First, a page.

And even if Americans do consume 75% of the number of pills, so what? It does not mean anything. One pill can have a certain dosage and another pill, the exact same size can have ten times the quantity of active ingredients. Making a quantitative measure makes no sense. Now add that the Bell family is made out of adults, all paying taxes. And those taxes go to fuel the many wars and blockades the Global Policeman wishes upon other regions of the world. Regions that are left without basic medication. People that would take that medication, but they can't. Do the people in the remote areas take pills? No. Because they can't afford the many days of walking to the nearest town with a pharmacy or doctor.

Or maybe the people living below the poverty line do not suffer any illness or injury.

Anyway: why is the quantity of pills relevant? A 12 year old in a poor neighborhood will not take pills even if he need them and a 85 year old aids sufferer will take pills by the fist. Quantity means nothing.

Why is the price relevant? The Average American pays more for lunch than the Average Indian. The quality is better for the American. The American lunch is full of proteins which happen to be more expensive anywhere in the world than starch. And even if the lunches were comparable, food prices are higher in the States so the American is left with the more expensive bill. So does the price say anything? Yes. That the Americans are richer.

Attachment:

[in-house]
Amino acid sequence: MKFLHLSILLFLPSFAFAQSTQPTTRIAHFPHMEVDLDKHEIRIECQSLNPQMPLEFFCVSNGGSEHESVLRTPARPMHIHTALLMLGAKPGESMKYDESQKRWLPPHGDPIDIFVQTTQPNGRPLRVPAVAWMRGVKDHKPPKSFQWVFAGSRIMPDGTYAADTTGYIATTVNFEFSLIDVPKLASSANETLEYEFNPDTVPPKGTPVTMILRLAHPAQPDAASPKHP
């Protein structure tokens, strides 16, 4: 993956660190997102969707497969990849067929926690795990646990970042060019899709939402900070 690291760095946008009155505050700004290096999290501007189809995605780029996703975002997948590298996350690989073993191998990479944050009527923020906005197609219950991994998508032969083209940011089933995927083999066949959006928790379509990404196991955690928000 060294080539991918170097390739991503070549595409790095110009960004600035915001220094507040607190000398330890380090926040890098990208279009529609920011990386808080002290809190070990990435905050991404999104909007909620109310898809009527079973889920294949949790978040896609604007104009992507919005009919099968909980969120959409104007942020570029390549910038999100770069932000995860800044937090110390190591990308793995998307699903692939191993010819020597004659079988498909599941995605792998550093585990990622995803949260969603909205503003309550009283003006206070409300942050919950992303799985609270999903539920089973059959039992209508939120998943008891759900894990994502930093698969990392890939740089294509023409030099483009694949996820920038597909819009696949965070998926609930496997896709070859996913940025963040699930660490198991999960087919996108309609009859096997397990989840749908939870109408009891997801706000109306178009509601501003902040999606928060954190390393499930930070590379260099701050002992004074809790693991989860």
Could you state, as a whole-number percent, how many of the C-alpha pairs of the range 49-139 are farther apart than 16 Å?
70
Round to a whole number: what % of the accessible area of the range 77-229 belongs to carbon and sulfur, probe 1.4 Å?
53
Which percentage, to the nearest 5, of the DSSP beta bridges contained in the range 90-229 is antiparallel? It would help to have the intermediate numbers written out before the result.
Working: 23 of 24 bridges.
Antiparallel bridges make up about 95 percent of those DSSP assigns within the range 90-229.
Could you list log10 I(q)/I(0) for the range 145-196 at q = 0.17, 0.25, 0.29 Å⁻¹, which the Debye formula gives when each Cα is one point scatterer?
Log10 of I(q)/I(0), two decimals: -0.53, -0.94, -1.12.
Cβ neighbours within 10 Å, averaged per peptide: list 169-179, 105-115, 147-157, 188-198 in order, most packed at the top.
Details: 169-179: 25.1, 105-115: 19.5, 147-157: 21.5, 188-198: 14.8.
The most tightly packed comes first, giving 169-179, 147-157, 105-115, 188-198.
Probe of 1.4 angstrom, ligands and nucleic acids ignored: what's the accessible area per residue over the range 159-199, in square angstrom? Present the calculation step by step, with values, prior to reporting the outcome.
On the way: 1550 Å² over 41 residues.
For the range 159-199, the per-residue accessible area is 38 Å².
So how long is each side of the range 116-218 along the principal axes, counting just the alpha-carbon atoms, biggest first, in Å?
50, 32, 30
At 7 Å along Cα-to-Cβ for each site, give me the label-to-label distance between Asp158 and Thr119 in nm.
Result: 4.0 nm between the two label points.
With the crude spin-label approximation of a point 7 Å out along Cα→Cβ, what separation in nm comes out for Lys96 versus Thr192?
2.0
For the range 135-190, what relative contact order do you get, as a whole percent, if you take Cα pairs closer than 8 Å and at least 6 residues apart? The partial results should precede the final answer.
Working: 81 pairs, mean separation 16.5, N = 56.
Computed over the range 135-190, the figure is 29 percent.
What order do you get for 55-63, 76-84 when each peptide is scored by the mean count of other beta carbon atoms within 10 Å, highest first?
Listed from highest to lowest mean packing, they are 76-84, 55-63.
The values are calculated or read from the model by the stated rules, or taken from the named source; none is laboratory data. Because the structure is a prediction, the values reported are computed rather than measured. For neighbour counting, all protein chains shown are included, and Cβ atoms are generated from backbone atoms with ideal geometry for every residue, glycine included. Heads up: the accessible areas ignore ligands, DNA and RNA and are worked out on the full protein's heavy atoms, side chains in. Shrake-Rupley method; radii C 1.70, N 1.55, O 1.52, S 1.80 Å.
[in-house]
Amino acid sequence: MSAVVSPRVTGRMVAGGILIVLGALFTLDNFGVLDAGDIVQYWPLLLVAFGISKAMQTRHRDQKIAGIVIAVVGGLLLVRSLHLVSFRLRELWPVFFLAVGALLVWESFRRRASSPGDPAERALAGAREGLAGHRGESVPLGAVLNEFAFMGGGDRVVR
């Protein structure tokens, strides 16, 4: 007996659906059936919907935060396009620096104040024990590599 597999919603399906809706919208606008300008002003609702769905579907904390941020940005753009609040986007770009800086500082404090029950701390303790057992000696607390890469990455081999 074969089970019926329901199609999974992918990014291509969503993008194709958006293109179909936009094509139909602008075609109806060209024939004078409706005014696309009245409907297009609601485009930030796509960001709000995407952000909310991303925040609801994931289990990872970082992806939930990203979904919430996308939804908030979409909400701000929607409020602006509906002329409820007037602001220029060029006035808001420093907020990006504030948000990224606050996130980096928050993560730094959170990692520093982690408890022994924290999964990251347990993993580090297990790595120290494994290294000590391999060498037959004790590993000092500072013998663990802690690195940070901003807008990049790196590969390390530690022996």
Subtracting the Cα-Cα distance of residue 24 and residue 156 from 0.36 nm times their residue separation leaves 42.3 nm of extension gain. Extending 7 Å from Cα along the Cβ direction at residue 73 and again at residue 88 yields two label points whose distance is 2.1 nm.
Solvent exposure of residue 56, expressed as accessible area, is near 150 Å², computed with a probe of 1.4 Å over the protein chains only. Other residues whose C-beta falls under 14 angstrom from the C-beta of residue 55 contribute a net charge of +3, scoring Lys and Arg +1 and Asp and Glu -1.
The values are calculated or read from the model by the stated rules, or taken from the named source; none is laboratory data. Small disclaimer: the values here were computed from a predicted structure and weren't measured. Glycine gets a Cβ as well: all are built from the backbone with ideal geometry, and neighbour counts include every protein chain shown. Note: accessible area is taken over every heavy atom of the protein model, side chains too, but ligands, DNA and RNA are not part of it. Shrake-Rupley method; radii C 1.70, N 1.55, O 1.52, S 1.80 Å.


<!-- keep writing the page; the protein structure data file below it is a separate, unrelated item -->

Contact me with Questions, Comments or Suggestions ryitfork @
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Full of falsehoods
random-7077820 November 2019
The very first thing we learn from this film is "Americans consume 75% of the world's prescription drugs."

This claim has been debunked over and over. For example Canadians. French, Germans and Brits consume the same drugs at the same per capita rates. In fact maybe even more so given that many drugs in the US that require a prescription do not require one in many other places and therefore are not "prescription drugs." In Denmark for example you can walk into a pharmacy and with a "consultation' with the pharmacist get antibiotics -- and it doesn't count a s "prescription" using the metric the "75%" claim uses

and what is with the interview with the "homeopathic'" doctor"? LOL
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Prescription drugs are being given out like candy in this country and for what?
rukstar6923 February 2018
This look into legal drugs (Prescription drugs) by film maker Chris Bell shows how money driven this country is. I am a proud American and I'll be the first to say how corrupt we are. Prescription drugs are being given out like candy in this country and for what? Yup, you guessed it....MONEY! These drugs are destroying people but money is all that matters. Chris will tell you his dirty little secret about his life during this film. I enjoyed it a lot.